When Corvala woke, it was nearly noon the next day. She had no recollection of her dream from the night before but was thinking only of how she had wasted time sleeping in so late. Her few hours of sleep on the nights before and after the trial had worn down her body and mind. Even so, she was angry at herself.
Father is suffering worse than you are, she scolded herself.
She tended to her father, giving him new clothes and new sheets. After she had taken care of him, she gave her undivided attention to her book on healing. All day and into the early evening, she worked her way through the chaotic writing, flipping back and forth through the pages countless times. When she finished, she had garnered a collection of notes on how to treat her father’s wounds, all put into an order that made sense. The only problem was that there were several terms she didn’t understand—the jargon of ancient healers. So she didn’t know what next to do for her father.
There was, however, one man in the village who might be able to help her.
Corvala gathered up her papers. Since it would be a cool evening outside, she put on her cloak, keeping her papers under her arm so no one could see them. As she left her house, she was startled to see that there was a pair of guards playing a dice game outside her door. But then she remembered that Mayor Green had posted them there after the trial. This way no one would try to finish Exodus off as he lay in his weakened state. The guards’ presence made Corvala feel a little better about leaving her house. At least her father wouldn’t be completely alone.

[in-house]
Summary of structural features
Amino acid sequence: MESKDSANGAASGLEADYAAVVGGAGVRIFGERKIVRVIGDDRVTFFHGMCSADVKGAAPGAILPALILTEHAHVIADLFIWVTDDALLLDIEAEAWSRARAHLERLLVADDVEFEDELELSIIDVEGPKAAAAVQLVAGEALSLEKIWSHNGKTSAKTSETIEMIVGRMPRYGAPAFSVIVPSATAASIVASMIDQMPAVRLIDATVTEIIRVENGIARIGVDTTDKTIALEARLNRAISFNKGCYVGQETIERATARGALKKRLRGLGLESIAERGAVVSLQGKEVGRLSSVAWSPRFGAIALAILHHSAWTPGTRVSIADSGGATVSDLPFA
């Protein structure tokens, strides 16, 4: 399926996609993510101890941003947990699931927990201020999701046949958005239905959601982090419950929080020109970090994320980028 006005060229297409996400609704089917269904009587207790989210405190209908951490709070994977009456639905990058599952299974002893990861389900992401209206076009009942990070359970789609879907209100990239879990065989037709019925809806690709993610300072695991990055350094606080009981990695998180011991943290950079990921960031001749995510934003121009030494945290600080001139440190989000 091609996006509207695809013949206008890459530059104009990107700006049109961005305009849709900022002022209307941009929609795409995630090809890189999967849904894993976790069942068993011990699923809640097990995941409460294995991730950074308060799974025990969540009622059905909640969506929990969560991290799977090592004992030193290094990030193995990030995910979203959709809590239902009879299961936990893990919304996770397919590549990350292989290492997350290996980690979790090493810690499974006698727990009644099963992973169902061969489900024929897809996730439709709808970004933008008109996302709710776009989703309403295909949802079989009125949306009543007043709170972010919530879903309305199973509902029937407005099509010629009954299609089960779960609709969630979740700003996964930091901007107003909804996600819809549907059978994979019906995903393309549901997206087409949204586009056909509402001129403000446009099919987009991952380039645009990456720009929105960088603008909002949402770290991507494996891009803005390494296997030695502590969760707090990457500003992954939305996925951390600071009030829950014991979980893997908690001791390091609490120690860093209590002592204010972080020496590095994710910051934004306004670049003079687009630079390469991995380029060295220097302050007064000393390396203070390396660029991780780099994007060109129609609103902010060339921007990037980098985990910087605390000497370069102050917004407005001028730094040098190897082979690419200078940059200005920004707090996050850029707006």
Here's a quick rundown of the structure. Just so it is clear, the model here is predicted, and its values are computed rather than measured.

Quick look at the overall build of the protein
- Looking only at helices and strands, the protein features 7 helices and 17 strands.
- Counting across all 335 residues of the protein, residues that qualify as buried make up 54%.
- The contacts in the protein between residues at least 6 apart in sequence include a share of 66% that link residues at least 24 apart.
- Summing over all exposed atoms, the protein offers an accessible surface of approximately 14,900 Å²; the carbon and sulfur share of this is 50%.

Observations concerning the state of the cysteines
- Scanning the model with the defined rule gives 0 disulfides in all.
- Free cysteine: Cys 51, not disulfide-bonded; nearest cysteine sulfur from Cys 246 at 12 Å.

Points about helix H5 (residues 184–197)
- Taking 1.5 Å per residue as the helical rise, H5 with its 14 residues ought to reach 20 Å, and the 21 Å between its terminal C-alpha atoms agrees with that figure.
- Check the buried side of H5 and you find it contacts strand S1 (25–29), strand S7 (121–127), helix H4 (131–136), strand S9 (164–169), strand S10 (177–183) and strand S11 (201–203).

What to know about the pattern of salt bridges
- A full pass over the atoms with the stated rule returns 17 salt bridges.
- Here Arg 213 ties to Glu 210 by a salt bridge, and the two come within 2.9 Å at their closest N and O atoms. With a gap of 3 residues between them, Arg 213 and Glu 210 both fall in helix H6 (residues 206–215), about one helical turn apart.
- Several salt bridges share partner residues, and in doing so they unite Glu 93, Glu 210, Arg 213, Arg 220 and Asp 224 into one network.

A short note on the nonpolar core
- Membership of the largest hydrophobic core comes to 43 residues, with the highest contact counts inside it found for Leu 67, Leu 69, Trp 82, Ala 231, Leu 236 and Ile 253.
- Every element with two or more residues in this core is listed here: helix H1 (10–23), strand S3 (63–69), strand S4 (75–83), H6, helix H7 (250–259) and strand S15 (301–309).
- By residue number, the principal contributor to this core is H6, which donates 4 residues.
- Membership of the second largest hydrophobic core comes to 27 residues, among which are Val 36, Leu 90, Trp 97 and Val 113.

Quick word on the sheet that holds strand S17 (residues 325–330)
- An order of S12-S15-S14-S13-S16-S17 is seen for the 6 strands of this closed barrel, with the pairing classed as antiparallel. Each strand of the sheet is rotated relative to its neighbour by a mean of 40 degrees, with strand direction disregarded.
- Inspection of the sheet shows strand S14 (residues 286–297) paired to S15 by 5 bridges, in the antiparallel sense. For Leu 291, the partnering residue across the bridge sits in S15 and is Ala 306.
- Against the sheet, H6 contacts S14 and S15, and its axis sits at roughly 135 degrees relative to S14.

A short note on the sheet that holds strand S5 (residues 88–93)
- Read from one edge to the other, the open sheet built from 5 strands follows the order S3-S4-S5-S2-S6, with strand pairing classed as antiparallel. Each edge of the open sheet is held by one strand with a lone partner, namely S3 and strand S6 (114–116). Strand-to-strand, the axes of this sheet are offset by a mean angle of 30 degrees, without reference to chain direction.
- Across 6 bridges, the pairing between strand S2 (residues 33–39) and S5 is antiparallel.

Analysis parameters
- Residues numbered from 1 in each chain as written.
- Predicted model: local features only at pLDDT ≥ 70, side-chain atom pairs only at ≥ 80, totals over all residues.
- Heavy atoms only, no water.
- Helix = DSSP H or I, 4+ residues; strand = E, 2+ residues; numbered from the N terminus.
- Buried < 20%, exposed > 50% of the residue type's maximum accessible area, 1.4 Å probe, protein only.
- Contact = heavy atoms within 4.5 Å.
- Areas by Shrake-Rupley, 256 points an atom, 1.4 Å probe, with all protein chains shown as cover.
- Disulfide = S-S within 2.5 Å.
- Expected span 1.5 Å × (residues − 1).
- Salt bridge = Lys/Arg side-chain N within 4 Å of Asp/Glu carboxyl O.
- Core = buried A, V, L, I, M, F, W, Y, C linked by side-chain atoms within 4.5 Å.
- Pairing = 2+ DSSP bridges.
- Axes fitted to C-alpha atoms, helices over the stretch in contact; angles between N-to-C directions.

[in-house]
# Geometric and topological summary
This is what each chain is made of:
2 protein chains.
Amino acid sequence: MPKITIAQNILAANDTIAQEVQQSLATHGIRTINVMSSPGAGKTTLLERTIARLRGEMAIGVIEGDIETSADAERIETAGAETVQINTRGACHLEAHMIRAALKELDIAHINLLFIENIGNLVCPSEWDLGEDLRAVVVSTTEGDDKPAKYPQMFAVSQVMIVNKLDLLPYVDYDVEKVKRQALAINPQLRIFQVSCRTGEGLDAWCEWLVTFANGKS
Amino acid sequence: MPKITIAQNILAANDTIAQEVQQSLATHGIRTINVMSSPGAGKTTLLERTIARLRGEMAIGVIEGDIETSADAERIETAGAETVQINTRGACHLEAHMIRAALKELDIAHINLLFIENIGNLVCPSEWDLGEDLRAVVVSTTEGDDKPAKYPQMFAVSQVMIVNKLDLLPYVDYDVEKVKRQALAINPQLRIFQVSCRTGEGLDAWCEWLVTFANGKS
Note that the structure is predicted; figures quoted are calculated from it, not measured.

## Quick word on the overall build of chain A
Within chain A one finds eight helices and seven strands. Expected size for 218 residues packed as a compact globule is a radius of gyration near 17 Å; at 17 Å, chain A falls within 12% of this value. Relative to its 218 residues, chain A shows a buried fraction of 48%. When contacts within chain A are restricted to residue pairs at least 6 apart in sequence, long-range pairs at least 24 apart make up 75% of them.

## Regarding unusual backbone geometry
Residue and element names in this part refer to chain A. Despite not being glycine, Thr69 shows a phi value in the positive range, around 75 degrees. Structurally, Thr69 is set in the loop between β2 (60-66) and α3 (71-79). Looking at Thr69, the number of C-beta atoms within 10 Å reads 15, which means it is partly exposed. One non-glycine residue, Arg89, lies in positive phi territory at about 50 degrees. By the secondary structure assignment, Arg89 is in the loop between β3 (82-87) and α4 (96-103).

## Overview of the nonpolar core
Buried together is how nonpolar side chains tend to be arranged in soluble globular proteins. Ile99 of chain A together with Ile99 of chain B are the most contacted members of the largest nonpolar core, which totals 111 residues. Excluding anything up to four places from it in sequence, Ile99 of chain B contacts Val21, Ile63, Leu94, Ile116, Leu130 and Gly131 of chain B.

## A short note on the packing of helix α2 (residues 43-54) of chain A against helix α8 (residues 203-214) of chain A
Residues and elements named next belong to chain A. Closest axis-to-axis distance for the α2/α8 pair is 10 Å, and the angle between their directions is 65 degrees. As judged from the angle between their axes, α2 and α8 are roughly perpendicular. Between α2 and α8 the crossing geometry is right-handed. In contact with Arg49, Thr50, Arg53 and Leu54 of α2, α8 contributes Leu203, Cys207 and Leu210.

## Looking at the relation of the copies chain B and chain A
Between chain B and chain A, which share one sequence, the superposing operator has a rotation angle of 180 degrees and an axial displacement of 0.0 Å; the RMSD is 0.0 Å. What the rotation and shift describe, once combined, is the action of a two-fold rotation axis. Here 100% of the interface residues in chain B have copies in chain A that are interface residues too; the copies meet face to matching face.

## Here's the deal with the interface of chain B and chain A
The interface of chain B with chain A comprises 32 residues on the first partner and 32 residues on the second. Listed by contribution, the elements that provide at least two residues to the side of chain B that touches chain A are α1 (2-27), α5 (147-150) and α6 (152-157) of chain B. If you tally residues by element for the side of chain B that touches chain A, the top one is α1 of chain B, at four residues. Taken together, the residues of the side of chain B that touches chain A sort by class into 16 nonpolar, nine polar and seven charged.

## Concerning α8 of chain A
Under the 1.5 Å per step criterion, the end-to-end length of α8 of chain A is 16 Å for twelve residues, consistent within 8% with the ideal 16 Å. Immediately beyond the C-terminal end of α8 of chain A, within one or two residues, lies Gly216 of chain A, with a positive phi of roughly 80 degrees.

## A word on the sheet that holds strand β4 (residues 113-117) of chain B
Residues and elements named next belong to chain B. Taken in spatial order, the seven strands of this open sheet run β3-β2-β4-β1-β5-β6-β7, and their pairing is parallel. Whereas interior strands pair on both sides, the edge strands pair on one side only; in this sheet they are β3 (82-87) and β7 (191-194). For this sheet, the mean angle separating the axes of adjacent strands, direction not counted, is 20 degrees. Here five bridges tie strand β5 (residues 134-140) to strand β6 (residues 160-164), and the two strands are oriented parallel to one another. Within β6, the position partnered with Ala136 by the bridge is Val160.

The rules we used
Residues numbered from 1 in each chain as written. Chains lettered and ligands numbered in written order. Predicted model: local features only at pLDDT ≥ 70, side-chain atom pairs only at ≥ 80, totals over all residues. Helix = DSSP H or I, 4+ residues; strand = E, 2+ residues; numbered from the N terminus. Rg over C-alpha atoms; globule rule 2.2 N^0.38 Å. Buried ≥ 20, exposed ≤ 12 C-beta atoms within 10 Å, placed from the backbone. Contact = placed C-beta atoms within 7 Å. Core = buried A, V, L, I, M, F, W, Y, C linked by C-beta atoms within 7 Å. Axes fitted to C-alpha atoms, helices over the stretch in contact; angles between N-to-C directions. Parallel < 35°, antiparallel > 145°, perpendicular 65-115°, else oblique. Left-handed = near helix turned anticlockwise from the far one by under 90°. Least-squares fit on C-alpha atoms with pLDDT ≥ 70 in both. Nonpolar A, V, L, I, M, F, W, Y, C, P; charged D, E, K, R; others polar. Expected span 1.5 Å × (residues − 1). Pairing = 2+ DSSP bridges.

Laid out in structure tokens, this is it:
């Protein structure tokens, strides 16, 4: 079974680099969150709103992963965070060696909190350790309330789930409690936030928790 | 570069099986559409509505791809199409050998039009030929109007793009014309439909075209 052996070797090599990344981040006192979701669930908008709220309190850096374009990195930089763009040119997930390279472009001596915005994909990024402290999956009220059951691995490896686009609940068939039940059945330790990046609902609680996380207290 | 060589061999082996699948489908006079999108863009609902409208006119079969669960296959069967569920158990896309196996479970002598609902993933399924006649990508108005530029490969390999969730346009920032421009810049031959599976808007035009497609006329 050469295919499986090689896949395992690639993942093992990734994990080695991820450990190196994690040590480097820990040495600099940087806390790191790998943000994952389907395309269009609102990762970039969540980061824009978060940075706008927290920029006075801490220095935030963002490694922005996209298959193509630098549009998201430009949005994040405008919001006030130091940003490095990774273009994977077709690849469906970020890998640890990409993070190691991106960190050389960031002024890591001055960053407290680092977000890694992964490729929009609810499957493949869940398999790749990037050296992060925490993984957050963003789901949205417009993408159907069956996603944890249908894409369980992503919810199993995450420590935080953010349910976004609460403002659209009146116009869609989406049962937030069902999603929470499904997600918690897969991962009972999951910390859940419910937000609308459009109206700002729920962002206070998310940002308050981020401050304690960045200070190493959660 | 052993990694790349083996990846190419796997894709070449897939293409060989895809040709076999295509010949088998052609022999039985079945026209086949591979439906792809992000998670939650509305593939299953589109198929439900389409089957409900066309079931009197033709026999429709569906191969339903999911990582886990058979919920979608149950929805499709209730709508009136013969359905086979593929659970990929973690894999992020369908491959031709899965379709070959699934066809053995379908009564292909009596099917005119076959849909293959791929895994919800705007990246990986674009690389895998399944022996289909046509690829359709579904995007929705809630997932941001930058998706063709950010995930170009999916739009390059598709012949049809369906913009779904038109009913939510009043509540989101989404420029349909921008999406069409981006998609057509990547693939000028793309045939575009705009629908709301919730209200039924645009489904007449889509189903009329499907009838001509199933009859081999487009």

She walked to the village and entered through the gate, getting no small amount of solemn stares from the people. Some looked away in shame. She ignored them. After heading down the main road, she entered a dark and empty alleyway between the wooden buildings and came to a small door with a wreath of herbs hanging on it. This was where the apothecary lived.
Corvala knocked. After a short wait, the apothecary appeared in his doorway. He was tall and thin like a crane and his hair stuck out at the sides like wild feathers. He was about to put on a kindly face for greeting customers, but his expression changed to surprise when he realized who stood before him.
“Miss Keen!” he gasped. “What are you—what can I do for you?”
“I need to come inside, Mr. Benson. I have something very important to ask you.”
“It’s about your father, isn’t it?”
Corvala nodded. She was putting him in a difficult position. She could tell he wanted to help, but rules forbade people from giving aid to judges and their families. Just as judges were on the outside of the law, so too were they on the outside of charity. This way one no one could curry favor with a judge and potentially escape justice.
“Please,” she said. “My father needs your help.”
Mr. Benson bit his lip and scrunched his brow. Then he looked both ways down the alleyway to make sure no one was watching.
“Come in. Come in,” he said at last, motioning Corvala inside.